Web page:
Understanding Hazard Function Values Exceeding 1

I keep running into problems in understanding hazard rates. I know, for example, that in a strict sense a hazard rate is not a probability and it is continually mentioned that because of this the hazard rate has no upper bound.

Am I right in understanding that hazard function values can be interpreted as instantaneous failure rates? Given this interpretation, I still have trouble seeing how this could exceed 1.

I've seen derivations of the constant hazard rate $\lambda$ for the exponential distribution, so I see that for $\lambda \geq 1$ my question seems to have an obvious answer. But even then, is $\lambda$ not techincally a rate? I know we often just simplify and say, for instance, $\lambda = 3$. But don't we really mean $\lambda = 3$ per 1000 or 3 per 100? And if that is the case, can we really say the hazard rate is exceeding 1 in this case?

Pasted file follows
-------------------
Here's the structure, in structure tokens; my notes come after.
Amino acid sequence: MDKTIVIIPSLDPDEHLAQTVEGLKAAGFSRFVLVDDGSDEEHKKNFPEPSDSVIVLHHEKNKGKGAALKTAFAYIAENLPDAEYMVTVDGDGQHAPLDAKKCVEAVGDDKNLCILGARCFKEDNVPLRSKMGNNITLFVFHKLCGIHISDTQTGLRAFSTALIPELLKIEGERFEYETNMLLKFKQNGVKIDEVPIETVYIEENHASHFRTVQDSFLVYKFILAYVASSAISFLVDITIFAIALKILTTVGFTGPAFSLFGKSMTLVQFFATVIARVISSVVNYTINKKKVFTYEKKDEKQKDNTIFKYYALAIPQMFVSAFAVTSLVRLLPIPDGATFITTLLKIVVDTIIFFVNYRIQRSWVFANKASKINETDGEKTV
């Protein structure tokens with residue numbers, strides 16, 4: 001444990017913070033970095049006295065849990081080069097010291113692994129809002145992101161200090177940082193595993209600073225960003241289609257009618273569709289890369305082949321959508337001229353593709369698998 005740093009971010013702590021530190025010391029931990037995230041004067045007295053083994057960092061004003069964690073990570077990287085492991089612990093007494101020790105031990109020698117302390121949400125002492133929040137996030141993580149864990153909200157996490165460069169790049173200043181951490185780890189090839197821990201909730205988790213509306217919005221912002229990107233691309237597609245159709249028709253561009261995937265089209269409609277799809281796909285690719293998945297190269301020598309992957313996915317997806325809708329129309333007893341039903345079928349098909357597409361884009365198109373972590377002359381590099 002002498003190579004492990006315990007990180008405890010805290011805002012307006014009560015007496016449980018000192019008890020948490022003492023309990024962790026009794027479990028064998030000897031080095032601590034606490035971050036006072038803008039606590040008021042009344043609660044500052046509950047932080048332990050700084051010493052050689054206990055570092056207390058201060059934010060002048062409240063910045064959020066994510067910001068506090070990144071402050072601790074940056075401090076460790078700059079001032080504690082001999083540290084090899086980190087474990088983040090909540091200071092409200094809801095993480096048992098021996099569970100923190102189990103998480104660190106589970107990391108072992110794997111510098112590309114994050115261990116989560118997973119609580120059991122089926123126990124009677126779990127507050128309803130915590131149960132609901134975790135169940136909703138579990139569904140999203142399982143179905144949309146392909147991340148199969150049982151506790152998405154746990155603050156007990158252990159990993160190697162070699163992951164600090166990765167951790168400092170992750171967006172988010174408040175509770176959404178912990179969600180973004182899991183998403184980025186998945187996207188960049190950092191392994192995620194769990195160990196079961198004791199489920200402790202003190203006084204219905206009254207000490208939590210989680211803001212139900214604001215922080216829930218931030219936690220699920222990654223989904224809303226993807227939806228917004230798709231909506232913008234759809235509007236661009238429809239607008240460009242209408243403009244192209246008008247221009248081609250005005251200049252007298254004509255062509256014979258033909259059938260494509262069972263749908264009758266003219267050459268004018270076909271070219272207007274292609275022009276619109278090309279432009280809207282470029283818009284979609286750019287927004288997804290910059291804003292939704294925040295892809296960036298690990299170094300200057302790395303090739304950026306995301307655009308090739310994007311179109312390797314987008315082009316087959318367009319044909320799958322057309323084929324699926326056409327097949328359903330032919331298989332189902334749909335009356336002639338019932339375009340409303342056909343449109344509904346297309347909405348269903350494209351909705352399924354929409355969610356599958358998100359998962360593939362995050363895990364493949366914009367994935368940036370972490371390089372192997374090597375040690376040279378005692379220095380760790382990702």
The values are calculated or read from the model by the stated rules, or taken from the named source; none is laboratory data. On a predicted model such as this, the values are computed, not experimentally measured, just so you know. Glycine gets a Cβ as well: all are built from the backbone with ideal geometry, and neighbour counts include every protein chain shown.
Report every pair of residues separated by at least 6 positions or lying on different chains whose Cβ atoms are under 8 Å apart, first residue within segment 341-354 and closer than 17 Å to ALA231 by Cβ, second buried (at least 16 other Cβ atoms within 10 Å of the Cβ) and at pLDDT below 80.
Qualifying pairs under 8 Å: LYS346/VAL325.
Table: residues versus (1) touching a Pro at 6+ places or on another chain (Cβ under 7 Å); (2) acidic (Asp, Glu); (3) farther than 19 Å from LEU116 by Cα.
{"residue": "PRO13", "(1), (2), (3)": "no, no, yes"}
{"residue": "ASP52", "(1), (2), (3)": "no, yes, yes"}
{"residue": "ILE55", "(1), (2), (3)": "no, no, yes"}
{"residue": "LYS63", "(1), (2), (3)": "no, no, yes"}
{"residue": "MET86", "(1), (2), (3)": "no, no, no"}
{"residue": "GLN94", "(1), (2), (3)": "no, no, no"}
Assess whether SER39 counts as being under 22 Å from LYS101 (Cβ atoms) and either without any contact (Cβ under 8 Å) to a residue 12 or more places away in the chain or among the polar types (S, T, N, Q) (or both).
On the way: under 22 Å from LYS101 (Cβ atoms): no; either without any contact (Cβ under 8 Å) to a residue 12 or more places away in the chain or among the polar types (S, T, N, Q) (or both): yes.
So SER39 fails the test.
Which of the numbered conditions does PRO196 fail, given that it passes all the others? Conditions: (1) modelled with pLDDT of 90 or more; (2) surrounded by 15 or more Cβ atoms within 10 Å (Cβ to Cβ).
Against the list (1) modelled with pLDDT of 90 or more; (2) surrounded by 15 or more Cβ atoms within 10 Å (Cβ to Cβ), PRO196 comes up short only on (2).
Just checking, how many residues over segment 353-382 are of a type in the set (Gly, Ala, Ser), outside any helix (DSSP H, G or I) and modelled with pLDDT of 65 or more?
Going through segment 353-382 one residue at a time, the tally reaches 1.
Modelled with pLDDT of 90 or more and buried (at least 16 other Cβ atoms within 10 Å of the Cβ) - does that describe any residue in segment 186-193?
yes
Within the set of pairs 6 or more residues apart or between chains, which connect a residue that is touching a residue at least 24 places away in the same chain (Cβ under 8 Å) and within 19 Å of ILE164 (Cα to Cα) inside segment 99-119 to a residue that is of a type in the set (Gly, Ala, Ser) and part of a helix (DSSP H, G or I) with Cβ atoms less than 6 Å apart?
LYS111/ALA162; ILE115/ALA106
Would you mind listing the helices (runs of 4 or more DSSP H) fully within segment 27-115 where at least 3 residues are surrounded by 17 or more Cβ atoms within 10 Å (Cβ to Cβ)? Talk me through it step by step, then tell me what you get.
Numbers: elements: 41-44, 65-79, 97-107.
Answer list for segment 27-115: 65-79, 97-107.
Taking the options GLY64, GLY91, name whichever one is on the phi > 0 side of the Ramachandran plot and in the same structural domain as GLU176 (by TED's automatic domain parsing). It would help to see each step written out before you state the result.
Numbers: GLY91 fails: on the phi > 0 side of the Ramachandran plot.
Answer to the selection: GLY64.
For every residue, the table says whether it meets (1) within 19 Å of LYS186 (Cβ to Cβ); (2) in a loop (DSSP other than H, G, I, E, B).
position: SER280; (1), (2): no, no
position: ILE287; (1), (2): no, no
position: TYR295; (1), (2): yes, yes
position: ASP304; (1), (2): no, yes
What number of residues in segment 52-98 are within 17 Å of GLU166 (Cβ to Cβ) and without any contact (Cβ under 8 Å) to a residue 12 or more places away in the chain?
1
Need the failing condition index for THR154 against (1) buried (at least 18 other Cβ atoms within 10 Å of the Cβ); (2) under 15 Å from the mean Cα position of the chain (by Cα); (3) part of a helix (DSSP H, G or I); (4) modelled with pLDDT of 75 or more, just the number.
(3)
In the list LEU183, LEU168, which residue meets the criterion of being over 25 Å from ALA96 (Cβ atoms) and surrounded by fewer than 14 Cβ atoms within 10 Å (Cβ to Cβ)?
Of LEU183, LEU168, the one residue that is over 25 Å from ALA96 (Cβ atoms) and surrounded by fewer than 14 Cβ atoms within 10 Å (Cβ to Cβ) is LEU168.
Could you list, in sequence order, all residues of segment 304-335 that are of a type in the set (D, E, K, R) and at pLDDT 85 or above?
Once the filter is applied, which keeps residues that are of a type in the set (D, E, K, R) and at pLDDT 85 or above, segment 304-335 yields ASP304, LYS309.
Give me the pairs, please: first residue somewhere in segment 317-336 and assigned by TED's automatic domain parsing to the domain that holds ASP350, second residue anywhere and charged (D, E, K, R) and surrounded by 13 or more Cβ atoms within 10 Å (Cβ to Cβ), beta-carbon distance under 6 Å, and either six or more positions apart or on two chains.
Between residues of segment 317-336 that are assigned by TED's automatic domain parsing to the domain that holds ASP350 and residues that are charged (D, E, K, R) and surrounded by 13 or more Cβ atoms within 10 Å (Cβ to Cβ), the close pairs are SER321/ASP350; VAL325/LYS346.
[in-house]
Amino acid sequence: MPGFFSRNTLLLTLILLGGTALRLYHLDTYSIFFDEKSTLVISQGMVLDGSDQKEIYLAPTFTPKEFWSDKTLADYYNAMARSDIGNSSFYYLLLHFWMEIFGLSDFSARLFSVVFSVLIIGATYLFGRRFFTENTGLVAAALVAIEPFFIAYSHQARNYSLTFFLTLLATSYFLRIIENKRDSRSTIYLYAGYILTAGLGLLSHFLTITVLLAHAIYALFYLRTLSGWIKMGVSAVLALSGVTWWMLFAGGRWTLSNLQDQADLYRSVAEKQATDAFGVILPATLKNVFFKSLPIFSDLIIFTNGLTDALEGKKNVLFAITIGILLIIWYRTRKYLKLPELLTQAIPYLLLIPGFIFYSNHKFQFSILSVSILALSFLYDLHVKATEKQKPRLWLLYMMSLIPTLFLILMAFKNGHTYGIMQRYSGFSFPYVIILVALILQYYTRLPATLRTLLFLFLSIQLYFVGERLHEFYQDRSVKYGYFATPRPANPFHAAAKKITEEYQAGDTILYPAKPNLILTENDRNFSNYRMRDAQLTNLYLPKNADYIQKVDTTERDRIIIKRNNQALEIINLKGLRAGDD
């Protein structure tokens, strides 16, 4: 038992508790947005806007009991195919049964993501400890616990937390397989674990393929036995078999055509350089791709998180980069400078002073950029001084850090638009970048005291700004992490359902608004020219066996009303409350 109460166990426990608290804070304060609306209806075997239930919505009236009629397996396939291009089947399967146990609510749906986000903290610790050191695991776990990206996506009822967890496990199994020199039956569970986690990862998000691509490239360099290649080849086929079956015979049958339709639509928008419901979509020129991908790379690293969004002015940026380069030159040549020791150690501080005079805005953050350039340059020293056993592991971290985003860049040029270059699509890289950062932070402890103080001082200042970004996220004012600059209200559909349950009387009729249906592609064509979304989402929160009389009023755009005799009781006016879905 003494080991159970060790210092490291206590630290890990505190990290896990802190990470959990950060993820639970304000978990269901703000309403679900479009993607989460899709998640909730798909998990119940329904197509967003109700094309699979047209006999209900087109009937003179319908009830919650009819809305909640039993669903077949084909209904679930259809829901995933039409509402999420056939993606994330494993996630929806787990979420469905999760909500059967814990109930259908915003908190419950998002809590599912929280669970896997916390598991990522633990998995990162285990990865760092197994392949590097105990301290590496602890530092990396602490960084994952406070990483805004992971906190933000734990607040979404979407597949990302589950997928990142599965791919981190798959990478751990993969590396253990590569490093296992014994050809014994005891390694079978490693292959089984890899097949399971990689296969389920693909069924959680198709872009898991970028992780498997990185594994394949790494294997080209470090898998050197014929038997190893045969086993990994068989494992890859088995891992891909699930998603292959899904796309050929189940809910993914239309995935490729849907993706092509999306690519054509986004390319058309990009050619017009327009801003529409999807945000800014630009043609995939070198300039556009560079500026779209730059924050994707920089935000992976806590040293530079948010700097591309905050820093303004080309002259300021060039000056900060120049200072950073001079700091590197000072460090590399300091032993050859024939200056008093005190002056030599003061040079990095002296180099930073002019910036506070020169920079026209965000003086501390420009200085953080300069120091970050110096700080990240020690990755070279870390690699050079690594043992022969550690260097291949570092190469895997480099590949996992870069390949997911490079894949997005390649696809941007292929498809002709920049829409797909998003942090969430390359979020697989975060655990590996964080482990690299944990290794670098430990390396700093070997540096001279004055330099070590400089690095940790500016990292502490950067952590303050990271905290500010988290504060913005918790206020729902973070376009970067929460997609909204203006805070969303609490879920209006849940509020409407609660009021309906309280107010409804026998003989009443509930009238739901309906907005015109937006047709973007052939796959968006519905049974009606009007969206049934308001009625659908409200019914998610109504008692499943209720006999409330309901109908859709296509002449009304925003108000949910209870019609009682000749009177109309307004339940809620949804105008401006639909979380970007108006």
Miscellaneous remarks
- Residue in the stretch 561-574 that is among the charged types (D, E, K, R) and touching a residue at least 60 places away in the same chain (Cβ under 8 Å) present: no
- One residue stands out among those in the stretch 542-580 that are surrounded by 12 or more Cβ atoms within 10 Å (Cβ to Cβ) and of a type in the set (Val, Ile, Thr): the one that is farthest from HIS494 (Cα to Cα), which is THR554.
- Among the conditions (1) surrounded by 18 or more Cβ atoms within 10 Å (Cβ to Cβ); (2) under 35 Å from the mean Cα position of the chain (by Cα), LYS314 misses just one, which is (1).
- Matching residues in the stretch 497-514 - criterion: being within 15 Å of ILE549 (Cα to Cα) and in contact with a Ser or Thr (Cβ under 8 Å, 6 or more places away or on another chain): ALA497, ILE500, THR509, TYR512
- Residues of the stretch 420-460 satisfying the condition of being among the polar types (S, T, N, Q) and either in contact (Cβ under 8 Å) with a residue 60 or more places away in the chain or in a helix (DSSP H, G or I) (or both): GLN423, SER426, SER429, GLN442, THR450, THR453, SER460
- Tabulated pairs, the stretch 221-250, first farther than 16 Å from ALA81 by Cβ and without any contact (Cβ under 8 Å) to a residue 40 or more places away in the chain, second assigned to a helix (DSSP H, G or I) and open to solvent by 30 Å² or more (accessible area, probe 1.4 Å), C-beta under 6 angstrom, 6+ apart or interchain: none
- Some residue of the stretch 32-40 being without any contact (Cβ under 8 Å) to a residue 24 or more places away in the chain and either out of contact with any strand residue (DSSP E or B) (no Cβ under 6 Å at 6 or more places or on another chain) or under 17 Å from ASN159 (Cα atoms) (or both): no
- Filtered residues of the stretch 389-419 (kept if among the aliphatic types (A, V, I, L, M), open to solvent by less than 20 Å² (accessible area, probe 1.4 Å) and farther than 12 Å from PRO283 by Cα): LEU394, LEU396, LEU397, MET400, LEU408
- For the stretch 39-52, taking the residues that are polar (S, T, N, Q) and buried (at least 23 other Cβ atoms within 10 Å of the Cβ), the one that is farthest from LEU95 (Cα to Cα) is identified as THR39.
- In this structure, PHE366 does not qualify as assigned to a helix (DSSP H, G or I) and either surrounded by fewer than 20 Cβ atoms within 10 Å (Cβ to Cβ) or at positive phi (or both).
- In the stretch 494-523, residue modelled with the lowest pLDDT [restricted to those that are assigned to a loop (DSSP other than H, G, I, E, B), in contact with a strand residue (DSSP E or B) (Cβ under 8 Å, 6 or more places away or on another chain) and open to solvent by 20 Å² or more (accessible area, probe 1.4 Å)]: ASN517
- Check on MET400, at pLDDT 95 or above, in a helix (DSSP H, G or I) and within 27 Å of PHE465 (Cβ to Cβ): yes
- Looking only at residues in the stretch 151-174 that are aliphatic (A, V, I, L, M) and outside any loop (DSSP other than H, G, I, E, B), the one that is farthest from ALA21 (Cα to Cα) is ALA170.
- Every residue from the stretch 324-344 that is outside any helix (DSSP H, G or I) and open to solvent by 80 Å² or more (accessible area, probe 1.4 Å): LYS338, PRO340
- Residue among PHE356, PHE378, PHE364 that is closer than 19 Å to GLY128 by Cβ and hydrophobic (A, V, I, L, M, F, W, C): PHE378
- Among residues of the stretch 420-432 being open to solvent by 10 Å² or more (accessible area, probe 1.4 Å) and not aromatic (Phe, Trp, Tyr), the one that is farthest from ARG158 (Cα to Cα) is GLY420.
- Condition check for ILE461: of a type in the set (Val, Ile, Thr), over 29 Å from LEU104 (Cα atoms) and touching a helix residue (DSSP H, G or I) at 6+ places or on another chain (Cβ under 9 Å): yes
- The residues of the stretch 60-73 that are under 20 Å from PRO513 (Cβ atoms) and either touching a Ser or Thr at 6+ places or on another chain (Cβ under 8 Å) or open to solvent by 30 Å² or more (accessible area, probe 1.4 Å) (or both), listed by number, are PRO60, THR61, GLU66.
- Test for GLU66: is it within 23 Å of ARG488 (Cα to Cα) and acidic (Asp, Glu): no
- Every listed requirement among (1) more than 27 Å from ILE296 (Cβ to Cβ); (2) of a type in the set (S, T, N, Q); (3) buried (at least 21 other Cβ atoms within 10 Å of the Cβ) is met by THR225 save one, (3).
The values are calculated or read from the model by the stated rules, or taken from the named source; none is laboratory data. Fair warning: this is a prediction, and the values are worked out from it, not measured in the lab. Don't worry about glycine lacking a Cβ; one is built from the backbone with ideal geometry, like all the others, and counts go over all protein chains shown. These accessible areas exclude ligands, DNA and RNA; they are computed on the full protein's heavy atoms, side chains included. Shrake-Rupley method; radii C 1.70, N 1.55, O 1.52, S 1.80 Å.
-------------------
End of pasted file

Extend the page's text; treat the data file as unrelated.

If someone could provide alternative examples where $h(t)\geq 1$ or help me understand my misconception it would be much appreciated.

• I see people's confusions on probability and probability density for survival analysis. – Deep North Nov 3 '15 at 5:53

This is perhaps best understood by looking at the exponential (time to a single event) distribution with a constant hazard rate $\lambda$, there the probability of an event by time $t$ is $1-e^{-\lambda t}$. So it is always $\in [0,1]$. In contrast the Poisson distribution is the corresponding distribution for recurring events, where the expected number of events seen in time $t$ is $t\times \lambda$.